Poirot's supposed genius and ability to figure out even the most convoluted situations is gratifying for those who want the bad guys caught and the good guys rewarded. His ability to admit his failure is notable, but sometimes it is as if he is saying, "I am sorry I thought myself wrong, when I was really right." Poirot's sidekick Captain Hastings is much like Holmes' Watson, about a step and a half behind and a day late. Much as with Watson, one wonders what good Hastings does, but sees clearly the impediment he is to Poirot.
A classic and characteristic exchange between Poirot and Hastings shows the contrast between the shallow Hastings and pensive Poirot. After speaking with the "Veiled Woman" (a villainess posing as blue blood), Hastings says, "What a stunning woman!" Poirot replies with a knowing smile, "I sometimes think mon ami, that you are too easily stunned."
Chief Inspector Jap at first is the bumbling, jealous cop who resents Poirot and gets in Poirot's way. As the series develops, Jap's respect for Poirot grows as does Poirot's for Jap. Eventually Jap becomes an ally and helper for Poirot. It is funny to see the contrast, as Poirot stays in the finest hotels while on a case, while Jap shares a bed (out of fiscal necessity) with another cop in a hostel. When Jap visits Poirot's office, he is served coffee in a plain cup and saucer, while Poirot drinks his nog (looks like Irish coffee) from a fancy clear, silver-handled tankard.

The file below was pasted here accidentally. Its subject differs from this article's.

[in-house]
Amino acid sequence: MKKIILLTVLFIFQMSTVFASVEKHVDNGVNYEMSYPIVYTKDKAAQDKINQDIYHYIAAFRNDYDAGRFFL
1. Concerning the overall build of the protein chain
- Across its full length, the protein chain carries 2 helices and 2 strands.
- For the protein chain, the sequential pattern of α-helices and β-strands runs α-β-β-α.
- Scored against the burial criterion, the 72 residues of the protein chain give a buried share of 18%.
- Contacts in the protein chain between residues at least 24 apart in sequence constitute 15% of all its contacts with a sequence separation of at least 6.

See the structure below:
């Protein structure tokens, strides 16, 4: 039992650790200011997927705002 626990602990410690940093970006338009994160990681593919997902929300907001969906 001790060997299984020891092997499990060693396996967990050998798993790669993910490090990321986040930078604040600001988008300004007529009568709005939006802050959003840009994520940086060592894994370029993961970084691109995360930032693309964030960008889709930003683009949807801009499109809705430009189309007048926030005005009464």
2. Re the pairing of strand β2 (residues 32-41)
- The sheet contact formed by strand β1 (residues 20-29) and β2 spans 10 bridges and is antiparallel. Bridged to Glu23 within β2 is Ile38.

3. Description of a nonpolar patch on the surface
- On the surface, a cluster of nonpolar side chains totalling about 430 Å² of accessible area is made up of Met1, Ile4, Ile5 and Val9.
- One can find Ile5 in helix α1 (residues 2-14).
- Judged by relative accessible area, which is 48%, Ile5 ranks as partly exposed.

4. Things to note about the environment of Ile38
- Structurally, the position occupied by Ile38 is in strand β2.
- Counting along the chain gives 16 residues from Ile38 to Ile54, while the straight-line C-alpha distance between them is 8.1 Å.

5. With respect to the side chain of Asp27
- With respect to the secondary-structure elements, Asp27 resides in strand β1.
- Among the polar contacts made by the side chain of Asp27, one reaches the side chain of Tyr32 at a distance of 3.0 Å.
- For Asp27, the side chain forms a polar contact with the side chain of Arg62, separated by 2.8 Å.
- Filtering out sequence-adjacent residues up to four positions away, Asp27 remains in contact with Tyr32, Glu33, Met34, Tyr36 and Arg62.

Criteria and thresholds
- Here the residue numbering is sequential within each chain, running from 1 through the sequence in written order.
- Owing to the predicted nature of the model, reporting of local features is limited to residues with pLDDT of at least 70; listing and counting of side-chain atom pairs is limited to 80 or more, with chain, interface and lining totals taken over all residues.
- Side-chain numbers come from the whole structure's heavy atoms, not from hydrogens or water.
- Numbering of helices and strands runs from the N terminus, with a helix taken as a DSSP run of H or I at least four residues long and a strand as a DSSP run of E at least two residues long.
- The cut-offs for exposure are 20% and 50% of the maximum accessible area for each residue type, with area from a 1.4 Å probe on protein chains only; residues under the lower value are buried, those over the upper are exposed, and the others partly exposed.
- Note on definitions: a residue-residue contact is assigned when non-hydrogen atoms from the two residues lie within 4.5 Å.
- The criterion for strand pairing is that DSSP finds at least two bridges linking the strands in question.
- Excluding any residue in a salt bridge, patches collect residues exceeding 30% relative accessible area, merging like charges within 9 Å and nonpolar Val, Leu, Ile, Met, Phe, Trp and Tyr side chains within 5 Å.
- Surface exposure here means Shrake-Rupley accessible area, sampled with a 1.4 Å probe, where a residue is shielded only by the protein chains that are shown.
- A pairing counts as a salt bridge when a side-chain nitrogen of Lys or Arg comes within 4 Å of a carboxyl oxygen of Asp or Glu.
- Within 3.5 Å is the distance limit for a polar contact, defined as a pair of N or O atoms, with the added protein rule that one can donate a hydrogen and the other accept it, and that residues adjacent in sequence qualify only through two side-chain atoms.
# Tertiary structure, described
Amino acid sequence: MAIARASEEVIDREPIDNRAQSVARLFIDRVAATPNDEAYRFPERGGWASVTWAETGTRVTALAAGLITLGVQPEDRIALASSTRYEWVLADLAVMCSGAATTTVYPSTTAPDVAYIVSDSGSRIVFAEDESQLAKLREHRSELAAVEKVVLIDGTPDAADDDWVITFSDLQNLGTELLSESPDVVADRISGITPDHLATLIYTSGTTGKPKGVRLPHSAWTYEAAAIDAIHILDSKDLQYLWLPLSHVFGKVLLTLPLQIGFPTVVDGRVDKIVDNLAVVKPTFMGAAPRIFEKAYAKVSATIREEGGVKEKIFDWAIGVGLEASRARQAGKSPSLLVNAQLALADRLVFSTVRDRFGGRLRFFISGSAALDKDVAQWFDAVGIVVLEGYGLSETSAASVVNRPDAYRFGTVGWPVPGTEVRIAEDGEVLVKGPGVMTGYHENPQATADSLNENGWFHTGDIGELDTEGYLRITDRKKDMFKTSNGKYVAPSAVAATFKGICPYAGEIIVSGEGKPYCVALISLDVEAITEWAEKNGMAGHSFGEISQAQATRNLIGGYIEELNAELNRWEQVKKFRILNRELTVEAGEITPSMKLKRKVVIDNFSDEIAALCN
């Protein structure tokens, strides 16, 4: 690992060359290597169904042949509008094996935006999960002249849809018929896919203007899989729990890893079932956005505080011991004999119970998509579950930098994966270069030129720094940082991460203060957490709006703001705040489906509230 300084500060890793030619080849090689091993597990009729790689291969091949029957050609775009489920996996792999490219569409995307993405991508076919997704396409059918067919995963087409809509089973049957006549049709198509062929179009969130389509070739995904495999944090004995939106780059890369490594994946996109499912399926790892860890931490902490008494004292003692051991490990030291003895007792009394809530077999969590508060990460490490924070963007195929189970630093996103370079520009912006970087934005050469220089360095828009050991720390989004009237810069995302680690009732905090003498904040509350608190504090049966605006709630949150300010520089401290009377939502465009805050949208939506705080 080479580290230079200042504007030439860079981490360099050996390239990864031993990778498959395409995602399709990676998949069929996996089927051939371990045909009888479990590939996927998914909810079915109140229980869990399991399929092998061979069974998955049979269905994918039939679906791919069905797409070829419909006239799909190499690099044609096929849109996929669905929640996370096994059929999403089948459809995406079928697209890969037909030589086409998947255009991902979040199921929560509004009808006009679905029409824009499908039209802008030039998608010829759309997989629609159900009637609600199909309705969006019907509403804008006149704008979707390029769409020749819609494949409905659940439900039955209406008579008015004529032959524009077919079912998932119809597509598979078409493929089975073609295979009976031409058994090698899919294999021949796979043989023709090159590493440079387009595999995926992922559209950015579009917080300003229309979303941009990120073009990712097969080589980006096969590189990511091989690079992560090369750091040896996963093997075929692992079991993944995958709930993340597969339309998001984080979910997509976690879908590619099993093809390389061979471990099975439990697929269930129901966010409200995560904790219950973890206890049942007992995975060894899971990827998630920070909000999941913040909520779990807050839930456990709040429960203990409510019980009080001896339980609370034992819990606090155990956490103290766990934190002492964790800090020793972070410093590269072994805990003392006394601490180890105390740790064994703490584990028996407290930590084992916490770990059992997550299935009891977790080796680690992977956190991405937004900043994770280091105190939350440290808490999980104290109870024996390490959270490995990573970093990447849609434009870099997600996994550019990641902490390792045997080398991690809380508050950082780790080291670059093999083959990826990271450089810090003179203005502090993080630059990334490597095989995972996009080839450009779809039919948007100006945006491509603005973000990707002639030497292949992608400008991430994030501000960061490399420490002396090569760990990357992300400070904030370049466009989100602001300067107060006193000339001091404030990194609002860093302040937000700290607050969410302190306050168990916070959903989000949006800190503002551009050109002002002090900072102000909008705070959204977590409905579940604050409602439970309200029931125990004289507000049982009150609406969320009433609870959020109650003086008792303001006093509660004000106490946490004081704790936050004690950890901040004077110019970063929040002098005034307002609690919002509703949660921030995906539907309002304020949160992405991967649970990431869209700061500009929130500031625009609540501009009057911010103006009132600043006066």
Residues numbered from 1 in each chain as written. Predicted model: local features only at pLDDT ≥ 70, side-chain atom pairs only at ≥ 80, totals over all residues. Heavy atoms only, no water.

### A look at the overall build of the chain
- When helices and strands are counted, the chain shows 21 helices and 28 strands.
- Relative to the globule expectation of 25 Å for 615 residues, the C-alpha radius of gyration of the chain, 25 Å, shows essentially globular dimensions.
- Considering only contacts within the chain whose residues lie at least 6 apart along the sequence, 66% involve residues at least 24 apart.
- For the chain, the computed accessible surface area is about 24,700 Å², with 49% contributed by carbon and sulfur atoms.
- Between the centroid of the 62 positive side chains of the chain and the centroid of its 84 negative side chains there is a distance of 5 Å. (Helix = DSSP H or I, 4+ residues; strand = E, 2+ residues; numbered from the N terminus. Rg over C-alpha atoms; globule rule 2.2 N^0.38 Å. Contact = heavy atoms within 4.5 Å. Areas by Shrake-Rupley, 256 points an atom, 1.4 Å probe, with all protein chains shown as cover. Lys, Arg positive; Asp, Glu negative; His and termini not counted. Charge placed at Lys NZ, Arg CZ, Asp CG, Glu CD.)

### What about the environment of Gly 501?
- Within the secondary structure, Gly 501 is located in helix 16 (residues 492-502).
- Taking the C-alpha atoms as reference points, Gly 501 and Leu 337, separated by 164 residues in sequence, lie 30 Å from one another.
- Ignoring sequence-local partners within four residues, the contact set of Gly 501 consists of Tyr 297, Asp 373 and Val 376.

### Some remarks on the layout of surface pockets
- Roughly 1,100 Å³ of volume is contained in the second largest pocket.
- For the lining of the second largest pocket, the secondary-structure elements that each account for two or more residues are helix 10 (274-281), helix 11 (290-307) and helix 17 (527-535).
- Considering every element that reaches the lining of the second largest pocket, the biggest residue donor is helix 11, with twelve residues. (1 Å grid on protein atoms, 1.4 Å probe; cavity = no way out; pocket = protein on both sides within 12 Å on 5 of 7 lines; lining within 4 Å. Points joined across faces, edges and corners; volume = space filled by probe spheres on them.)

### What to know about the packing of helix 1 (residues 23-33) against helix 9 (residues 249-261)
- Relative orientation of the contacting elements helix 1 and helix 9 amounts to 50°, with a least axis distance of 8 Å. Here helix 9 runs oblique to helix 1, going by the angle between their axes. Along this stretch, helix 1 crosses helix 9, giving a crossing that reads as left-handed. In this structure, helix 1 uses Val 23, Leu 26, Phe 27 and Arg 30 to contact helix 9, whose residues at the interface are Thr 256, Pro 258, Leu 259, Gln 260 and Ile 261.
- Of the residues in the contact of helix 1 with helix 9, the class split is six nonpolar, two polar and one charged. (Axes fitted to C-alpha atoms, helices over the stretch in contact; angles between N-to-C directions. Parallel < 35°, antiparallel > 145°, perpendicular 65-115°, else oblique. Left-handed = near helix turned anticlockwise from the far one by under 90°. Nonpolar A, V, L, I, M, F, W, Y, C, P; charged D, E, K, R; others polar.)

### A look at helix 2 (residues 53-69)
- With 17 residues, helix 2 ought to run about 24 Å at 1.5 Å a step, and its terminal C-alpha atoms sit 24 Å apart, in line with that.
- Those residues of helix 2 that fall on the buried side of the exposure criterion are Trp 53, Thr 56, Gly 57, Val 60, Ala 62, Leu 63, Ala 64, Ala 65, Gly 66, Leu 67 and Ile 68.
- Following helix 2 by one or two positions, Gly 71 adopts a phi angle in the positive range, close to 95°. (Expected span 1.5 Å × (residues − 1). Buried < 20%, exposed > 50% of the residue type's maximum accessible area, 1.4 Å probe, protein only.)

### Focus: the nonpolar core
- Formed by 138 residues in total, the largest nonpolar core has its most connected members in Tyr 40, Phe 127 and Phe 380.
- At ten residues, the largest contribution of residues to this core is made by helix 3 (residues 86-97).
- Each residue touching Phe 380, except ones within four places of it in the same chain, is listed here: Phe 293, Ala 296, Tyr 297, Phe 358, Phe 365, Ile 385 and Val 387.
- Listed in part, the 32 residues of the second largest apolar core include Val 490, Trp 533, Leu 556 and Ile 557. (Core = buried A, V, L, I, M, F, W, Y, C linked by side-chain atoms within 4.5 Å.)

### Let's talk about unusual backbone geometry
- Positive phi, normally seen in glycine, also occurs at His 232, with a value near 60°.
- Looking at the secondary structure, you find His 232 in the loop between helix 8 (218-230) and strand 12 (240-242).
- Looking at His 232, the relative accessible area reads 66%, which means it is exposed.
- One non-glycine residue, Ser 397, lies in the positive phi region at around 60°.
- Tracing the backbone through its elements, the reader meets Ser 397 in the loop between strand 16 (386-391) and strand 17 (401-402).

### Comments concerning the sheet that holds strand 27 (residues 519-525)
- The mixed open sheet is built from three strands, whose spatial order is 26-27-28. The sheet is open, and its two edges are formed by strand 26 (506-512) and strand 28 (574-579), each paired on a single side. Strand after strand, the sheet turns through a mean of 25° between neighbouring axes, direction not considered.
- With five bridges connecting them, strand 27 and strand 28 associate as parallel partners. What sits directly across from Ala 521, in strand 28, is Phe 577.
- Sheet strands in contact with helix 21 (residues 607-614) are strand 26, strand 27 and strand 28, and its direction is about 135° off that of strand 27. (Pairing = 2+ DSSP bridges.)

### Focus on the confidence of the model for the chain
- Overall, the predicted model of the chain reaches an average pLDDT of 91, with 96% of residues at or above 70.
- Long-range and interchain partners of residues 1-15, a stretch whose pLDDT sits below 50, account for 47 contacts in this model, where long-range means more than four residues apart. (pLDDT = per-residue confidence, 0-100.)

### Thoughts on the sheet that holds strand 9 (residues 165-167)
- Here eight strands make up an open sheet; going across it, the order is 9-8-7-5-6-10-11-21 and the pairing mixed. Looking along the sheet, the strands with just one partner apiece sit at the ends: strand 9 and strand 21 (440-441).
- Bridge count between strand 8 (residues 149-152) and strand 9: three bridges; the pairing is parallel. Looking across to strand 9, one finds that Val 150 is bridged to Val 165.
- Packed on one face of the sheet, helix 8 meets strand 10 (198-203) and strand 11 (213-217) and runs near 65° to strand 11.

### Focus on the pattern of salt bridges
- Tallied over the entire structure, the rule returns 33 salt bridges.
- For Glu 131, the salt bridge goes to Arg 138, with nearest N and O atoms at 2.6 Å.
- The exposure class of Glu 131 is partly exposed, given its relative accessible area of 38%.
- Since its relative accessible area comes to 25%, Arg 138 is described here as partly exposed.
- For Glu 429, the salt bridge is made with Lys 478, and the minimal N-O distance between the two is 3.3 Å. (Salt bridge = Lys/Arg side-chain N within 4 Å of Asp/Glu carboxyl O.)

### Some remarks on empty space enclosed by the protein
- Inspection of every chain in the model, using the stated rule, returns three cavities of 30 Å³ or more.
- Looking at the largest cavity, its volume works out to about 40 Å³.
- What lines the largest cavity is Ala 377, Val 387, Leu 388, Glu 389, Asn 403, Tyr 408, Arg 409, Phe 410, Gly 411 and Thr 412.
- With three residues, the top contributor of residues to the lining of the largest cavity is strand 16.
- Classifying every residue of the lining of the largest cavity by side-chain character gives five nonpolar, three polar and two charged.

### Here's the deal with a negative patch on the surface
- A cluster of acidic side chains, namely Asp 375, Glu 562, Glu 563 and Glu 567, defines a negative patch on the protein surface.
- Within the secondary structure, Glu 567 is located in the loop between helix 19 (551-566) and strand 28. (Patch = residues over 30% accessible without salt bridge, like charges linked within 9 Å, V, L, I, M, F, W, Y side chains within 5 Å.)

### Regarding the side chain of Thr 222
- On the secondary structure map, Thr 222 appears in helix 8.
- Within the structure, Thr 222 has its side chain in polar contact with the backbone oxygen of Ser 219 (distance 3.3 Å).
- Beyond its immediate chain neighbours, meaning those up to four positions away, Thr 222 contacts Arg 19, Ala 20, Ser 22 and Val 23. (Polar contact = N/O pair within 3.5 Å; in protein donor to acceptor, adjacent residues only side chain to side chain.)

All in all this is a very good series, and fuels the addiction of movie-lovers like me. Another well-done British production; head and shoulders above anything on American TV. This from an American reviewer.
It is the end of 2013 and on TV, "Poirot" has bid farewell to Hastings
with words reflecting on the validity of the criminal methods that he
spent his life investigating and of course, the usual chiding of his
friend for "lacking the little gray cells". It is a sad moment in the
history of television because "Curtain" has closed on one of the most
beloved characters and one of the most brilliant series ever made for